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Saudi group cancels planned sit-in

By Mohammed Jamjoom, CNN
The Saudi Arabian Interior Ministry, pictured in 2004, has denied a Saudi democratic reform group from staging a sit-in.
The Saudi Arabian Interior Ministry, pictured in 2004, has denied a Saudi democratic reform group from staging a sit-in.
STORY HIGHLIGHTS
  • The Saudi Civil and Political Rights Association wanted to stage a public sit-in
  • It's the third time the group applied for and was denied a permit for peaceful assembly
  • There are positive signs, though, because the group can still "meet and discuss"

(CNN) -- A Saudi group advocating for democratic reform in Saudi Arabia has announced the cancellation of a planned public sit-in after having been denied a permit for the event by the kingdom's Ministry of Interior.

In an e-mailed statement, the Saudi Civil and Political Rights Association (ACPRA) said that the organizers of the sit-in were summoned on Tuesday to the Interior Ministry.

They "were informed that the sit-in request was refused without providing further legal justification preventing peaceful assemblies and protests."

CNN could not reach Saudi Arabia's Interior Ministry for comment. Saudi Arabia is an absolute monarchy where protests and gatherings are prohibited.

They talk the talk but they don't walk the walk as far as allowing people to express themselves peacefully.
--Mohammed Al-Qahtani, president of the Saudi Civil and Political Rights Association.
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In a statement dated November 13, ACPRA called on "all Saudis to participate in a public sit-in to demand political reform" on Thursday in the country's capital city of Riyadh.

The purpose of the sit-in was to demand a list of 20 rights, among them "ending princes' privileges," "eradicating bribery and nepotism," "fairness and impartiality of the judiciary," "preventing arbitrary detention, torture, and harassment in prisons," and "transparency, accountability, and control over the national income and how it be spent."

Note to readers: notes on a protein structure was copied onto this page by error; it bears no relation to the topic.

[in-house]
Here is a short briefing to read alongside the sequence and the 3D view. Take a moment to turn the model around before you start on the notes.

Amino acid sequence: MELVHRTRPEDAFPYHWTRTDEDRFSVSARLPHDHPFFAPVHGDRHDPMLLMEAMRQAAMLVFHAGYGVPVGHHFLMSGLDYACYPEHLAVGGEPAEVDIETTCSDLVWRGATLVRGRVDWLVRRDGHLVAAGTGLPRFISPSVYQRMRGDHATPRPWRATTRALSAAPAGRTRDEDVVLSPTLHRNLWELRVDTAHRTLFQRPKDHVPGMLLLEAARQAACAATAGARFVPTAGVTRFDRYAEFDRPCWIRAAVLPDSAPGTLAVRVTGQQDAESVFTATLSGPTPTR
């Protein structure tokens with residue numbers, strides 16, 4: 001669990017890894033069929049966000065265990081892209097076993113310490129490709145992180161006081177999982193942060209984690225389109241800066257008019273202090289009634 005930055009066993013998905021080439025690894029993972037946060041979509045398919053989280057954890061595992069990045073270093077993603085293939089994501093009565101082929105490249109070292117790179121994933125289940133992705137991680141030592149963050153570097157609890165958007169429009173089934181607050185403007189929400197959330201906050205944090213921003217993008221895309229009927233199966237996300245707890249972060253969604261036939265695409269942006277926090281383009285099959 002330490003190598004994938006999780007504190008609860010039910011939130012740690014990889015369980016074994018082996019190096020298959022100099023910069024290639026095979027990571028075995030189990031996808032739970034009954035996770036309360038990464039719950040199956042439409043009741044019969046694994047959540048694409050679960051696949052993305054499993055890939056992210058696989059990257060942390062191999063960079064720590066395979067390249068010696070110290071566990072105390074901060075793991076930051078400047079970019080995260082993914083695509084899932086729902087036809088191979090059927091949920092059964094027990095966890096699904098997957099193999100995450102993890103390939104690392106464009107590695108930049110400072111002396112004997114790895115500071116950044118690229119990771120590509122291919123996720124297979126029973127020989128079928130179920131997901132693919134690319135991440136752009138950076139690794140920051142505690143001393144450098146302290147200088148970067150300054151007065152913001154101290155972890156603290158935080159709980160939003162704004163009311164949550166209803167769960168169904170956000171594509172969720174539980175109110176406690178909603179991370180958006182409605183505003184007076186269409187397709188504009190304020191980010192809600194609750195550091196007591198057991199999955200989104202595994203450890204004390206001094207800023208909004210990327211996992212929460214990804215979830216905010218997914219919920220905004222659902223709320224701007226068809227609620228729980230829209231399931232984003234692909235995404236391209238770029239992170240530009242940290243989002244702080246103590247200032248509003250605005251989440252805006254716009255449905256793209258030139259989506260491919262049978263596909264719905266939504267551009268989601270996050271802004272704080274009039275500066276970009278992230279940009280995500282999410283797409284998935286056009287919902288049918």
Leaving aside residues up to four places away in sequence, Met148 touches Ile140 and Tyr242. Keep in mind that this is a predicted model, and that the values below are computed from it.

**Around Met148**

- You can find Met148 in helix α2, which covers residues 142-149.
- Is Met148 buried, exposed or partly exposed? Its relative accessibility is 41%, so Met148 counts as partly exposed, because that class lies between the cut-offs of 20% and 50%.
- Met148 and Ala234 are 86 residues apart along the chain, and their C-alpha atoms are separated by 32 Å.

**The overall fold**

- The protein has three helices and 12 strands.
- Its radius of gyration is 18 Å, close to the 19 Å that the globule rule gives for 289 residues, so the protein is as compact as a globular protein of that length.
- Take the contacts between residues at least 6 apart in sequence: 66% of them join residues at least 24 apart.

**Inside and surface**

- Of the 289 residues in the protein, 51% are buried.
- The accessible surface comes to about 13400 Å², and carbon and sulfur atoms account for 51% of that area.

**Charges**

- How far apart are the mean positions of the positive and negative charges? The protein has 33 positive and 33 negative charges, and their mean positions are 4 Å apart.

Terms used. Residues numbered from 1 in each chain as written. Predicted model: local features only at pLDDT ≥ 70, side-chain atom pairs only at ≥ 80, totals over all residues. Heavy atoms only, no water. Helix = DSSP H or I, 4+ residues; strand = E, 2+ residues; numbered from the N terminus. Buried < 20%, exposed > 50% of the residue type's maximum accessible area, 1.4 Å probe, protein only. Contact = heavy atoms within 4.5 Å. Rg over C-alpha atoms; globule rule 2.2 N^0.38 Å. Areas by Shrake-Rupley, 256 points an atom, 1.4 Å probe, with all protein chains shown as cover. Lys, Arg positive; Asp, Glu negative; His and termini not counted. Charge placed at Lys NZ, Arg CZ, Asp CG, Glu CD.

In a separate letter addressed to the kingdom's interior minister, Prince Naif bin Abdulaziz Al Saud, the group asked the minister to "provide us the opportunity to peacefully express our demand for political reform, on the basis of the requirements of the allegiance: the stewardship of the nation over the ruler. Because it is the only way to ensure the means to, and the guarantees of, justice and democracy."

The letter detailed how, if permission were granted to stage the sit-in, the attendees would "express their feelings peacefully in a very civilized and polite manner."

Mohammed Al-Qahtani, president of the Saudi Civil and Political Rights Association, told CNN this was the third time his group had applied for and been denied a permit by the kingdom's Interior Ministry to hold a peaceful assembly within the kingdom.

He believes this is in direct violation of Saudi Arabia's membership on the United Nations' Human Rights Council.

"They talk the talk but they don't walk the walk as far as allowing people to express themselves peacefully," said Al-Qahtani when describing the kingdom's stance towards groups asking for political reform.

Al-Qahtani said he's not surprised permission for the sit-in was denied and that he and members of his group had been expecting this outcome.

Al-Qahtani said that even though ACPRA was denied a permit for the planned sit-in, he does see positive signs in all this.

"Given the fact that we have been reiterating the same demands before and that we're still free to meet and discuss all this, it's a good indication of how times have changed for the better," said Al-Qahtani.

He attributed a lot of the newfound tolerance in Saudi Arabia to its ruler, King Abdullah bin Abdulaziz Al-Saud, who is seen by many as a reformer and who has been promoting national and societal dialogue within the kingdom since ascending the throne in 2005.

"If you think about the atmosphere in the country 10 years ago," explained Al-Qahtani, "nobody could have put these demands on the table then -- so now, it seems Saudi Arabia has opened up a bit."